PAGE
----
Albert Einstein 1879-1955
by Richard E. Noble
E = M C²
This equation showing a relationship between energy and mass or matter is everywhere. I see T-shirts and dolls and hats and placards, and notebooks and posters and calendars etc., etc., etc., with this equation or the man responsible, plastered onto it wherever I go. Whenever I see these ads, I wonder if the people wearing, holding or displaying them know what a controversial and plagued life the discoverer of this equation lived.
When Albert first proposed his equation and Special Theory on Relativity he was denounced from nearly every corner of the scientific community. He was called everything from a fool to a mad man.
Because of his scientific inclinations he was denounced as an atheist by most of the conventional, religious community throughout the world.
He believed in democracy but was also an advocate of socialism which put him at odds with most of the free capitalist world.
He renounced his citizenship to the country in which he was born. He was not only a hater of his country’s authoritarianism, anti-Semitism, and Nazism, but he was a staunch opponent to the notion of organized militarism, anywhere. He had nothing but disrespect for soldiering and men who would lock step behind one another in parades, and follow orders that challenged even their own conscience. He went so far as to champion an organization after World War I that encouraged young men all over the world to refuse to serve in the militaries of their nations - the theory being that if all young men refused to serve in their nation’s militaries, this would be the end to war.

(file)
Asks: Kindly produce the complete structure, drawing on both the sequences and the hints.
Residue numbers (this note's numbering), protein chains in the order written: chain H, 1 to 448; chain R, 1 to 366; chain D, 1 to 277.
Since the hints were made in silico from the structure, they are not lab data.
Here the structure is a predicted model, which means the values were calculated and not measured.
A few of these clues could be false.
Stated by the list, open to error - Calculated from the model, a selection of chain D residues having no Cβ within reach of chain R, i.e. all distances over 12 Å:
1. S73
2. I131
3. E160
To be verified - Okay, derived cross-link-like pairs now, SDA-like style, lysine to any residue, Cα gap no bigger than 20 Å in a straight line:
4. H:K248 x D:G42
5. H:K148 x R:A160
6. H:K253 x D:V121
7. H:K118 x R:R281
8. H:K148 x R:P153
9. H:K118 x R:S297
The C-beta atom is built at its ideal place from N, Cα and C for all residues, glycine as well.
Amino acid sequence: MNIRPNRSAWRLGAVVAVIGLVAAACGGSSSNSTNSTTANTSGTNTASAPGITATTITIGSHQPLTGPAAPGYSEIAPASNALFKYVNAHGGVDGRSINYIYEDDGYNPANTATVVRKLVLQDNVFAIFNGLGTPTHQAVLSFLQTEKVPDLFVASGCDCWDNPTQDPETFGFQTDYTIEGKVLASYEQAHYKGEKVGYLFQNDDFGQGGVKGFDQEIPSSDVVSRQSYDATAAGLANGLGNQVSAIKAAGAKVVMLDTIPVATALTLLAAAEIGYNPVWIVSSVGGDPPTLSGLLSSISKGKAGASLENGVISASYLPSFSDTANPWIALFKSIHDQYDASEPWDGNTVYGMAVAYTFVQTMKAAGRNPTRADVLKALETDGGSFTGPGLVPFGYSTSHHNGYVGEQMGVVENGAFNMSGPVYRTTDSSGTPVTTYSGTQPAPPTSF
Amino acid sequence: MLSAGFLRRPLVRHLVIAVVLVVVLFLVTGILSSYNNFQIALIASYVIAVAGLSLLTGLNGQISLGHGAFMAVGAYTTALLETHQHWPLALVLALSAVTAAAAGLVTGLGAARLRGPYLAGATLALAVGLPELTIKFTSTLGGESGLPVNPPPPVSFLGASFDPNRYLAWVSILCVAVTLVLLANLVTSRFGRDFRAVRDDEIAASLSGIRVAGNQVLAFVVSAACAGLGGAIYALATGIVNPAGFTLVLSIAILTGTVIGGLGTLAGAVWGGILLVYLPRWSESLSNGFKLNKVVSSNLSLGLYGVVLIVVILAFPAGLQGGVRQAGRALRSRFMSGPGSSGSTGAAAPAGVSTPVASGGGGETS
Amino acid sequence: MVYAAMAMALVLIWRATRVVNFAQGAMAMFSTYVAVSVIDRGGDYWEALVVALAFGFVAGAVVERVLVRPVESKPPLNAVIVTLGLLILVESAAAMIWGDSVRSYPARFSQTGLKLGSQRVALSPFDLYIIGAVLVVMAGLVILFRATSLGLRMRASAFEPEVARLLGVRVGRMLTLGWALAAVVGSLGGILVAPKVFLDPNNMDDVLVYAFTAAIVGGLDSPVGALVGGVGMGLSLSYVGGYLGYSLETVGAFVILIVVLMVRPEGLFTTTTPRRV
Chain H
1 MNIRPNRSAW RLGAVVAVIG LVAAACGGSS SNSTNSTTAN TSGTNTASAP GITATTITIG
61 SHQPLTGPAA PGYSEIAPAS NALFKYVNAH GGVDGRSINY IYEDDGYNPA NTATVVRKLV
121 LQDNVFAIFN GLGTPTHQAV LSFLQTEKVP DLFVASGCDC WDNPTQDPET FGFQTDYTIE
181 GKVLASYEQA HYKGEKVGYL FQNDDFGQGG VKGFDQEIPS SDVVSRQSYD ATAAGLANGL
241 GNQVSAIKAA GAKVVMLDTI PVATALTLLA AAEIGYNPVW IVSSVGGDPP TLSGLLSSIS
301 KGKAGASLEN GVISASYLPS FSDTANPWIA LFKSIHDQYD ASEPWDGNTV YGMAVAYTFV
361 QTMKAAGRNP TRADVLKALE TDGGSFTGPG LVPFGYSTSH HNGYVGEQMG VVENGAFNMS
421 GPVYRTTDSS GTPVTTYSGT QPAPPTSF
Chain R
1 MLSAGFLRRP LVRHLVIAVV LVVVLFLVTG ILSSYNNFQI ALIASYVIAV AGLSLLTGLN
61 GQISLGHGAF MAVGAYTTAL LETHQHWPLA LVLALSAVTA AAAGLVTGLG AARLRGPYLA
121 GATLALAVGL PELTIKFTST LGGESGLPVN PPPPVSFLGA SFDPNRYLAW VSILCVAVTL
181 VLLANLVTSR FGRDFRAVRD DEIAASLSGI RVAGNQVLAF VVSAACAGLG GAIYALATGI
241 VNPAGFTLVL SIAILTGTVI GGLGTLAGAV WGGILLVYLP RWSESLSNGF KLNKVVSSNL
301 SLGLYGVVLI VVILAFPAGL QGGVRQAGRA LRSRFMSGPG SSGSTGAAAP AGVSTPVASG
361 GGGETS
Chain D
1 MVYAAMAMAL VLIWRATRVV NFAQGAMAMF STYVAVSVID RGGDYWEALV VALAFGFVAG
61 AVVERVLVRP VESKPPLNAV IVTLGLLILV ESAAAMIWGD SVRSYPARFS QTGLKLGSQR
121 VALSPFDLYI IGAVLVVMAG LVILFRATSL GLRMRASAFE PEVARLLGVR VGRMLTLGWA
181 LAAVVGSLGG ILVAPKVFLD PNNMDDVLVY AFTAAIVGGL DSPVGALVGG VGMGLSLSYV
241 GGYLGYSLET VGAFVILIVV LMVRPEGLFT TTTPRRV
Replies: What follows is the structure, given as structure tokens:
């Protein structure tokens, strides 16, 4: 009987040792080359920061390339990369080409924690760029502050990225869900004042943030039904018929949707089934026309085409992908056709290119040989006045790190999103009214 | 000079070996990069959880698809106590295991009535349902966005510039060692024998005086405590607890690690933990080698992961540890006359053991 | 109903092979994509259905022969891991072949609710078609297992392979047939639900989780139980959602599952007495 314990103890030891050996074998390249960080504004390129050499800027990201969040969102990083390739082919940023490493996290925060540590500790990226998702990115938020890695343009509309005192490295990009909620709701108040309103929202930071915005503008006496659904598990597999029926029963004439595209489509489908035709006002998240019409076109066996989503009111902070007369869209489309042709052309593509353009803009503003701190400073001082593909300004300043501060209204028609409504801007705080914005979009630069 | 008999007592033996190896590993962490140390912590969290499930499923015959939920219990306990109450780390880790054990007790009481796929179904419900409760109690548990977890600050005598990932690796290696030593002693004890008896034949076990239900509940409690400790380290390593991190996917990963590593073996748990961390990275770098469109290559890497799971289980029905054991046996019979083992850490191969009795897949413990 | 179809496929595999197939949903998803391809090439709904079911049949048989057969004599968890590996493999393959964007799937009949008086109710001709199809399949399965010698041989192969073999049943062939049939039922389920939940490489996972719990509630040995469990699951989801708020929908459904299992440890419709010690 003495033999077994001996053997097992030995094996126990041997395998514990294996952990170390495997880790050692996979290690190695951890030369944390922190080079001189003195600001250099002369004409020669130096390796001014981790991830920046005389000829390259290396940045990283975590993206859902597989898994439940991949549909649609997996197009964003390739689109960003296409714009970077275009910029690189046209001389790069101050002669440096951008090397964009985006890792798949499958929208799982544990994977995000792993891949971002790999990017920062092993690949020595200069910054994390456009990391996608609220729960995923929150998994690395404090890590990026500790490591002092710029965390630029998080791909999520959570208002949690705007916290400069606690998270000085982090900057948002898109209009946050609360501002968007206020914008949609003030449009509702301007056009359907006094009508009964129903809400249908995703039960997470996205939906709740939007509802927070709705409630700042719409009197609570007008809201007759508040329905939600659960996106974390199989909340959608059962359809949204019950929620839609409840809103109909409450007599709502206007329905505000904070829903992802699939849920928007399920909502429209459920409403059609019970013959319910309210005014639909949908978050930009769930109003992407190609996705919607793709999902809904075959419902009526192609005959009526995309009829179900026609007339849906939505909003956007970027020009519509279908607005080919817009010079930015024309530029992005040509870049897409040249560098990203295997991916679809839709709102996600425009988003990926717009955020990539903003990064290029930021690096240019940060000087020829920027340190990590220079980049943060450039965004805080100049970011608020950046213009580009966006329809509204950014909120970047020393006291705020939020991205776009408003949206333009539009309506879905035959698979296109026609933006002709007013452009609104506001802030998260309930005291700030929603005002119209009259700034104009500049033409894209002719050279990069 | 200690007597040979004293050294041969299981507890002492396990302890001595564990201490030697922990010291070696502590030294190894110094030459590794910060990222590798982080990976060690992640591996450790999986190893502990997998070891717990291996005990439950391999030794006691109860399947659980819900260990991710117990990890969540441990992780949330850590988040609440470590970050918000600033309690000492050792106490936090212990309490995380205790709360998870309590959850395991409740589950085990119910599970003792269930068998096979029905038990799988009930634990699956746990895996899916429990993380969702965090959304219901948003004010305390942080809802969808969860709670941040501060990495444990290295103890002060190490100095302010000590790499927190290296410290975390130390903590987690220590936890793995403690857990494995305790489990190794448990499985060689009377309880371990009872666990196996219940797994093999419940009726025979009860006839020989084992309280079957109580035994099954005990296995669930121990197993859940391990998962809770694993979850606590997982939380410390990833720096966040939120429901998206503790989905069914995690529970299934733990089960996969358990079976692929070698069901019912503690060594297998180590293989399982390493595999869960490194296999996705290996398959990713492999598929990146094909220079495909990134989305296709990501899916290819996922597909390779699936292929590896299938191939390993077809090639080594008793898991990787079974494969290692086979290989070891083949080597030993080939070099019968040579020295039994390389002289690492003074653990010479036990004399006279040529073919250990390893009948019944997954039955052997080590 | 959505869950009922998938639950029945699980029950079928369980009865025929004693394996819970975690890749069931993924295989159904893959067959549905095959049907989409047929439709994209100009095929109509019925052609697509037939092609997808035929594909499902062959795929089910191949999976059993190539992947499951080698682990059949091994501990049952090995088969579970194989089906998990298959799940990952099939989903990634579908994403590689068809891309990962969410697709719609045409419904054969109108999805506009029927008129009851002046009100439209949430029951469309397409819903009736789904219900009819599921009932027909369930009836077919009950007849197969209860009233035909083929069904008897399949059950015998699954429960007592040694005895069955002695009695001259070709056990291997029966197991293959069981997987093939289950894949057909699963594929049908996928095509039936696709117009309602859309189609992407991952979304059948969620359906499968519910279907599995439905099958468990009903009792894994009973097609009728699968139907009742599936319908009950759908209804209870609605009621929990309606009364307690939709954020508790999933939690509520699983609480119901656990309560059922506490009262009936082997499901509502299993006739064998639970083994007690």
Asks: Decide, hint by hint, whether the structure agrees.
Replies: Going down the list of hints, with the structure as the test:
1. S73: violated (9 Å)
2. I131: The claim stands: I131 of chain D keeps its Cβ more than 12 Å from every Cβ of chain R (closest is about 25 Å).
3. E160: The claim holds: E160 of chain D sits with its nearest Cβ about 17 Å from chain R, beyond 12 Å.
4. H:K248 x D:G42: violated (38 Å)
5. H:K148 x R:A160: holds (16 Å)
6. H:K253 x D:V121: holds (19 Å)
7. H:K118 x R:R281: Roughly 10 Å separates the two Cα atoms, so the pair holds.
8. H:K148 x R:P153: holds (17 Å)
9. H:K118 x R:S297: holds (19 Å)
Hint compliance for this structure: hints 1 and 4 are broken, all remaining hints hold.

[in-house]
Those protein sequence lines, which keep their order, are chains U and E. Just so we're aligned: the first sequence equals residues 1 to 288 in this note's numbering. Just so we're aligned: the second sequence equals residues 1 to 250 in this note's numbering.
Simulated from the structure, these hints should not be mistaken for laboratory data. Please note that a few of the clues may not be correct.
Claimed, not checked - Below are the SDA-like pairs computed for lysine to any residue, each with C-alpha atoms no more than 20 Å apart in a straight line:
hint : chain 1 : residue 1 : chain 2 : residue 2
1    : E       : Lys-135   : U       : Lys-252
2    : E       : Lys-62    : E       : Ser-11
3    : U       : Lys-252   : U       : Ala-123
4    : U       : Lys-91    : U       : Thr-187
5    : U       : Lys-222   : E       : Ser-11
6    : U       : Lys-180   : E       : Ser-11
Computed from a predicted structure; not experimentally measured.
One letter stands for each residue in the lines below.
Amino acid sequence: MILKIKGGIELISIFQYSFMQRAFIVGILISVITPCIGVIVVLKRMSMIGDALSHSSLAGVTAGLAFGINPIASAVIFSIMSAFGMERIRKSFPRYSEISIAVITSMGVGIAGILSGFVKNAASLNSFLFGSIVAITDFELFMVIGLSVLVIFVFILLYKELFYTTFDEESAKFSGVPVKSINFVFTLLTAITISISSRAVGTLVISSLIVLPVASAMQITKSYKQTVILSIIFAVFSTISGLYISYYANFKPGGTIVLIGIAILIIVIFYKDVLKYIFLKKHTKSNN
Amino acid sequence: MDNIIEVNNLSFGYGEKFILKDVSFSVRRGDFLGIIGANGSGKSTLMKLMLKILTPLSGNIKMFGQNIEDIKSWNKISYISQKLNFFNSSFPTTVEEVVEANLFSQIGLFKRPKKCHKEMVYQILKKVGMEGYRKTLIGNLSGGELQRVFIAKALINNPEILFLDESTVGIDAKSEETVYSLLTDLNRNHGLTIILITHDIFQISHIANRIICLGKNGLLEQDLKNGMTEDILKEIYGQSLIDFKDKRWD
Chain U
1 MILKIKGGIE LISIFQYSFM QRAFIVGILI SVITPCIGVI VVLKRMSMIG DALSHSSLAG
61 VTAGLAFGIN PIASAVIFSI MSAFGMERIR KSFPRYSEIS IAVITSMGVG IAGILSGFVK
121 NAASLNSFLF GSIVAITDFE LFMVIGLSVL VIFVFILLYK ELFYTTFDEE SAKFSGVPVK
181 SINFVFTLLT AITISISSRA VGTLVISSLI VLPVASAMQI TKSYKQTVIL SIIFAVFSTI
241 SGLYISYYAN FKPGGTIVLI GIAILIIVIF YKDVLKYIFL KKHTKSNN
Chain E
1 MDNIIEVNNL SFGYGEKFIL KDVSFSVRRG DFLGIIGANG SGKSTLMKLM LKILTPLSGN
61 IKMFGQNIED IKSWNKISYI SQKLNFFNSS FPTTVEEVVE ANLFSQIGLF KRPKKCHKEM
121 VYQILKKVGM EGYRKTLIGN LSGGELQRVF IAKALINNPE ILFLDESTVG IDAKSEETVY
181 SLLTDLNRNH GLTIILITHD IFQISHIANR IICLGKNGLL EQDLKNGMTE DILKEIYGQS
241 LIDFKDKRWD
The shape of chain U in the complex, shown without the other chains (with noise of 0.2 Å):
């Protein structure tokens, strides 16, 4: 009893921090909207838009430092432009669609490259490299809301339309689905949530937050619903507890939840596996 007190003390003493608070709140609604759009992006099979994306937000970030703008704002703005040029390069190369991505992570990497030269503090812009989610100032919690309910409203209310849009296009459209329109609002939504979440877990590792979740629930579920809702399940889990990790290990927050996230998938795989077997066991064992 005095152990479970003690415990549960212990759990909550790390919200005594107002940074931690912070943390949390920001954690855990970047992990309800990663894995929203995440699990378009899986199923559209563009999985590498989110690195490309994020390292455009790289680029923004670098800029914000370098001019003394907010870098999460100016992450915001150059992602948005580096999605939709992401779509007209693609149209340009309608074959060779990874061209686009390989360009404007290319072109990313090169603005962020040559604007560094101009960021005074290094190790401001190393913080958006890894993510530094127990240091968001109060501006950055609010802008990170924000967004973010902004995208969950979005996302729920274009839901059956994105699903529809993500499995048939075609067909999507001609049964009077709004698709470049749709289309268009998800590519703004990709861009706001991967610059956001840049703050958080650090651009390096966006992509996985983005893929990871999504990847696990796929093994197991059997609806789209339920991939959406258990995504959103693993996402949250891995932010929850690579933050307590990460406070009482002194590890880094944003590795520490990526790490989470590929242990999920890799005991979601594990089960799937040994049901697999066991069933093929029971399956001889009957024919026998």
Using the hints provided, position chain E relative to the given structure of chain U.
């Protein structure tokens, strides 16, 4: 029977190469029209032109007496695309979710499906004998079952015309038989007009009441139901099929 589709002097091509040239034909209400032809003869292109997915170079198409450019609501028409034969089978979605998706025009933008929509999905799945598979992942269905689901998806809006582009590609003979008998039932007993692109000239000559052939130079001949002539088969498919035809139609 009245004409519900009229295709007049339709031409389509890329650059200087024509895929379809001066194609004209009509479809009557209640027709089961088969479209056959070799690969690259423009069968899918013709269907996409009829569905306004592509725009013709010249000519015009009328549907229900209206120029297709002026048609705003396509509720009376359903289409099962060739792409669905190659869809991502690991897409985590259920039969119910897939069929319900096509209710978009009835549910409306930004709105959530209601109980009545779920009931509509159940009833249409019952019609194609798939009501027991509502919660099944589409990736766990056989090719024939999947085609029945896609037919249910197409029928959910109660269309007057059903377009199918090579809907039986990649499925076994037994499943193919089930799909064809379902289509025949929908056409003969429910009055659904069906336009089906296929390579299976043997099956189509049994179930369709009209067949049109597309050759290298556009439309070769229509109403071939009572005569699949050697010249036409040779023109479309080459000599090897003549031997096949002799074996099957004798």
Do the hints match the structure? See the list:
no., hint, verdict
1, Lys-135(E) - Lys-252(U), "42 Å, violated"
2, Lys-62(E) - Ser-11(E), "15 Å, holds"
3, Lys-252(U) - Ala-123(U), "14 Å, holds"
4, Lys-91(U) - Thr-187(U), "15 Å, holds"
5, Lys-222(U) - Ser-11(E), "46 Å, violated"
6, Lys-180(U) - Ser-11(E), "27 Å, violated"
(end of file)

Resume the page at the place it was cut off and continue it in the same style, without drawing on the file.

He escaped anti-Semitic Germany and Europe only through the help of a wealthy lover of learning who established a school for advanced studies at Princeton University and nominated Albert Einstein as its first department head.
He was not welcomed to Princeton or the U.S. with a ticker tape parade either. In fact, he was greeted at dockside by women and mothers carrying signs labeling him as a Godless traitor and a coward, primarily, because of his pacifistic and anti-militarist positions.
From what I can see because of his political and religious inclinations, Albert Einstein spent the remainder of his life pretty much hiding out at Princeton and keeping his mouth shut. When asked to be the first leader of the new country of Israel he nearly had a heart attack right at the phone. Old Albert had gotten his fill of public notoriety, and who could blame him.
He sent a letter to F.D.R. warning about Germany and the possible threat of a nuclear or atomic bomb. Though he was a lover of peace, Adolf Hitler was even too much for Albert to swallow.
When Albert was on his death bed he was asked if he was afraid to die. He suggested that with his knowledge of the universe and observing Mother Nature from out his window, he saw nothing to fear.
I’m still looking out the window. Maybe Albert had a special, magic window or something. What the heck was he seeing out that window, I wonder?